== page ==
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Mendelian inheritance is a type of biological inheritance that follows the laws originally proposed by Gregor Mendel in 1865 and 1866 and re-discovered in 1900. These laws were initially very controversial. When Mendel’s theories were integrated with the Boveri–Sutton chromosome theory of inheritance by Thomas Hunt Morgan in 1915, they became the core of classical genetics. Ronald Fisher later combined these ideas with the theory of natural selection in his 1930 book The Genetical Theory of Natural Selection, putting evolution onto a mathematical footing and forming the basis for population genetics and the modern evolutionary synthesis.
Mendel discovered that, when he crossed purebred white flower and purple flower pea plants (the parental or P generation), the result was not a blend. Rather than being a mix of the two, the offspring (known as the F1 generation) was purple-flowered. When Mendel self-fertilized the F1 generation pea plants, he obtained a purple flower to white flower ratio in the F2 generation of 3 to 1. The results of this cross are tabulated in the Punnett square to the right.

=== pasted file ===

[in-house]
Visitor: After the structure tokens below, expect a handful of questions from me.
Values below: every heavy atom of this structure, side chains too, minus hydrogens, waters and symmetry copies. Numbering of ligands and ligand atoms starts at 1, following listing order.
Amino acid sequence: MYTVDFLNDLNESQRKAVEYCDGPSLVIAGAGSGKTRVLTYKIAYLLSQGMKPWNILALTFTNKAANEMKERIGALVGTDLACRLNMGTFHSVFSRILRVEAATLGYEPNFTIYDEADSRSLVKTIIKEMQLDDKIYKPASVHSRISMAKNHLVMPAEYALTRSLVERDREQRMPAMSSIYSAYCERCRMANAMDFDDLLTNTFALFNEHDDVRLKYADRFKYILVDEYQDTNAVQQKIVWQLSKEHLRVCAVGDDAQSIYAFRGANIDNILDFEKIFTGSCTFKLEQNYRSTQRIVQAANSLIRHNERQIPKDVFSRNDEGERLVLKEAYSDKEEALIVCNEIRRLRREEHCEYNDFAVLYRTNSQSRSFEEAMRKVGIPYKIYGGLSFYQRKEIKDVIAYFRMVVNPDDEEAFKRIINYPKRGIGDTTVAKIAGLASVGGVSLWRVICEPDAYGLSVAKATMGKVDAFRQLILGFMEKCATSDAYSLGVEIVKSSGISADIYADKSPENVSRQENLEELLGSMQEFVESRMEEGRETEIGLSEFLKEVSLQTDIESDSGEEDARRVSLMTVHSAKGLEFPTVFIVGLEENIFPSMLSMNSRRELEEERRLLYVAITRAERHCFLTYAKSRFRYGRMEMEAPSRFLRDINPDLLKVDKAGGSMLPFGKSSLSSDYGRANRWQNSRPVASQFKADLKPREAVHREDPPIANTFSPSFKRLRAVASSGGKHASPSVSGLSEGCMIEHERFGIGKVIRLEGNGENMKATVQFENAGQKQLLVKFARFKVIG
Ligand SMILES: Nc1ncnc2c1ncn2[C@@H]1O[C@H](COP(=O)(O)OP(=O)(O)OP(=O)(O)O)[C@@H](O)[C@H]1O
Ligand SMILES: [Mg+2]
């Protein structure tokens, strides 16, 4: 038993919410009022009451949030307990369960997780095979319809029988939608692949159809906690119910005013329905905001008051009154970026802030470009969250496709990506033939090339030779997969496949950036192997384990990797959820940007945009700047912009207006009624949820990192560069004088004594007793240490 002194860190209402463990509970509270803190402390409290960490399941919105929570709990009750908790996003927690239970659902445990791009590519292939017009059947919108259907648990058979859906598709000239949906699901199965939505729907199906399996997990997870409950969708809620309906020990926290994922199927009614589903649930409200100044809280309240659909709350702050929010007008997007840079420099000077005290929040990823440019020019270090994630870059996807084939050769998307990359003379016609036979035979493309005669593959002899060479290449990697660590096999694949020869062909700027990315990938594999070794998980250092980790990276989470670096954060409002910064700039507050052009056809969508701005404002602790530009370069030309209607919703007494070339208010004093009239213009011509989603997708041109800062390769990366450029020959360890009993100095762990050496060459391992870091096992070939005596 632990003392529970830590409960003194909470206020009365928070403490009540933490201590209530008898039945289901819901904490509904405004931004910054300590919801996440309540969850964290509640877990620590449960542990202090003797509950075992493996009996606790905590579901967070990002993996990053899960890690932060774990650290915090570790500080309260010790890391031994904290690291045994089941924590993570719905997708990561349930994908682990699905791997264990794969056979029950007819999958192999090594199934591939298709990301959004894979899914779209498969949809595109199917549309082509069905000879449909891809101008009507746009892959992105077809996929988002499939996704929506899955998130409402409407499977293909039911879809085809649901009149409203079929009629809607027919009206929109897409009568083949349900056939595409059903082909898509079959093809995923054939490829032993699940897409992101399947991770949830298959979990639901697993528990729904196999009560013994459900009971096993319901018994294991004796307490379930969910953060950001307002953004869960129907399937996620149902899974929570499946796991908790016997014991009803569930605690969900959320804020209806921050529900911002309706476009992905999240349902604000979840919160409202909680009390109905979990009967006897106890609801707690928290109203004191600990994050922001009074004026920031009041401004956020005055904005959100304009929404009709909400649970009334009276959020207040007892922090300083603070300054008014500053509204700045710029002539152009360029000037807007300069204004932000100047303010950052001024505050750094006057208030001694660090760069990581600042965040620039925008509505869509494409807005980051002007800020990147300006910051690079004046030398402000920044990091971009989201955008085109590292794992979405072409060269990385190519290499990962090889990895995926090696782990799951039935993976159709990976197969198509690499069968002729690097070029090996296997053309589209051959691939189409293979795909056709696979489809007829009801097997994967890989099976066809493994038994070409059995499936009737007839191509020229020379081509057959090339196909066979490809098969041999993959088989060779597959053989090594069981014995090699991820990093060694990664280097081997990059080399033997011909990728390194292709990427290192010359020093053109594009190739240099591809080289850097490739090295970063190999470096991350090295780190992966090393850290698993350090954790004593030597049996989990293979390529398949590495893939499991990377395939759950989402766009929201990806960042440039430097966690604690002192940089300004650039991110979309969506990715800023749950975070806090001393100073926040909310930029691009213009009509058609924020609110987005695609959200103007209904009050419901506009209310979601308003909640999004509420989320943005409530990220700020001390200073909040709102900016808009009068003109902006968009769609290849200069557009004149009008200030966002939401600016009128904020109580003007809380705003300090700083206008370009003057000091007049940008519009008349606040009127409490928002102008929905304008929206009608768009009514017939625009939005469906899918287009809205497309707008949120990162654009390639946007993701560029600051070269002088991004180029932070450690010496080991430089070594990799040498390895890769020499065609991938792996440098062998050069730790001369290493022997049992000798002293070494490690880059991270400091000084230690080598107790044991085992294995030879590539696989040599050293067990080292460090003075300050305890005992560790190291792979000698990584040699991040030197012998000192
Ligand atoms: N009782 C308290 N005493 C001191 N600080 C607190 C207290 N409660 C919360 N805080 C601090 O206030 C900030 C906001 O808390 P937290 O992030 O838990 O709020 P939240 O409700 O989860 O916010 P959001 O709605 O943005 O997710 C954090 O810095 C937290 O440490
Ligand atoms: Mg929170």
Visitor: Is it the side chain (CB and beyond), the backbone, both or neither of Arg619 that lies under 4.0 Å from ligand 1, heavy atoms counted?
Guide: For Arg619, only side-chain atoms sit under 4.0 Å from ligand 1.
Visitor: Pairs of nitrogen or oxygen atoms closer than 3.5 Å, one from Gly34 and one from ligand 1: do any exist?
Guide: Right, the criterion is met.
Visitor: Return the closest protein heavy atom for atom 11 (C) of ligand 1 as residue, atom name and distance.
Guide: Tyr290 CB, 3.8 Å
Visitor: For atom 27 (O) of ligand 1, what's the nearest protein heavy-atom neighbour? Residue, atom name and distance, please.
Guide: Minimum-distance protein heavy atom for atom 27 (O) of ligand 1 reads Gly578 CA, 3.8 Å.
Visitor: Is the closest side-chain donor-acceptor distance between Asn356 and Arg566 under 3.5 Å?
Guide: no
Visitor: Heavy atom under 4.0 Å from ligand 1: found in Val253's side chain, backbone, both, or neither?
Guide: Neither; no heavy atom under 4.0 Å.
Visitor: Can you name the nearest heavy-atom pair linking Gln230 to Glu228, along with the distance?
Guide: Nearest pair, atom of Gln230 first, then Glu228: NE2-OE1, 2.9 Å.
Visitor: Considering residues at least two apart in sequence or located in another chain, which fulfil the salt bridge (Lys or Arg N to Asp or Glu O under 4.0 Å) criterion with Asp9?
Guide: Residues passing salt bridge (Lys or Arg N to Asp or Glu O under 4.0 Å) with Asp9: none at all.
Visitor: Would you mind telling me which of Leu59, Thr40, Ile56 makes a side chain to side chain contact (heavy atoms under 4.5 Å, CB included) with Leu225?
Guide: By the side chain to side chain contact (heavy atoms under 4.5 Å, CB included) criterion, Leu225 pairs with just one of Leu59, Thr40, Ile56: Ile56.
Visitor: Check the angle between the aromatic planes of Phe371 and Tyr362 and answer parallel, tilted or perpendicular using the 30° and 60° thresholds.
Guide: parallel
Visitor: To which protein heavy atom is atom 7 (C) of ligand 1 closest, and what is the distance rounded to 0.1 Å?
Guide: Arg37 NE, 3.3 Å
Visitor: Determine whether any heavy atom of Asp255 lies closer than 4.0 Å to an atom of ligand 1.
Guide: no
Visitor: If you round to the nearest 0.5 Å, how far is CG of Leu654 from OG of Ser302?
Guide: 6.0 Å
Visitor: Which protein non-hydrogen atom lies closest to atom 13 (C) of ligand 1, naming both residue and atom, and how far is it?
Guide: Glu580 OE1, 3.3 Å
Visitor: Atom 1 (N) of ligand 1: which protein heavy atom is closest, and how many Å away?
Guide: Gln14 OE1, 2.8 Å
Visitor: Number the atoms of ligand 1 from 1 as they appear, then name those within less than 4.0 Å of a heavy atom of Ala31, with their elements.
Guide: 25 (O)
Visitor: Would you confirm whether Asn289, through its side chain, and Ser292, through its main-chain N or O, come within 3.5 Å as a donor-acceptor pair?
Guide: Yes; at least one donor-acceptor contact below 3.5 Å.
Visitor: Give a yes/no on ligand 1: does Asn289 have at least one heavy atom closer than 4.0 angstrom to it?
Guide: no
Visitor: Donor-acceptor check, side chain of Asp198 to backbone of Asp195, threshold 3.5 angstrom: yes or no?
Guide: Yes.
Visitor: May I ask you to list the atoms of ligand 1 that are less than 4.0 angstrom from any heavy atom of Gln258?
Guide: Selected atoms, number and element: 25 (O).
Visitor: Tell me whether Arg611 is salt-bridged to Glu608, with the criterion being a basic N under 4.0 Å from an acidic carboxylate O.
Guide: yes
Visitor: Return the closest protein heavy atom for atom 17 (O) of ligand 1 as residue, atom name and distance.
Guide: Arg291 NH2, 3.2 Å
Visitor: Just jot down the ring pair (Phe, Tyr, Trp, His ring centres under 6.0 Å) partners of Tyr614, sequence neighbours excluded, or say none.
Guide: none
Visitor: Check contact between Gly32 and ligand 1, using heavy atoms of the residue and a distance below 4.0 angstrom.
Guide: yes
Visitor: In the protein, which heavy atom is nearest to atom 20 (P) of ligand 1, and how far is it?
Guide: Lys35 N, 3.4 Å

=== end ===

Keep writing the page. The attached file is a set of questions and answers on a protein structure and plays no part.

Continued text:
Law of Segregation of genes: The Law of Segregation states that every individual organism contains two alleles for each trait, and that these alleles segregate (separate) during meiosis such that each gamete contains only one of the alleles. An offspring thus receives a pair of alleles for a trait by inheriting homologous chromosomes from the parent organisms: one allele for each trait from each parent. Molecular proof of this principle was subsequently found through observation of meiosis by two scientists independently, the German botanist Oscar Hertwig in 1876, and the Belgian zoologist Edouard Van Beneden in 1883. Paternal and maternal chromosomes get separated in meiosis and the alleles with the traits of a character are segregated into two different gametes. Each parent contributes a single gamete, and thus a single, randomly successful allele copy to their offspring and fertilization.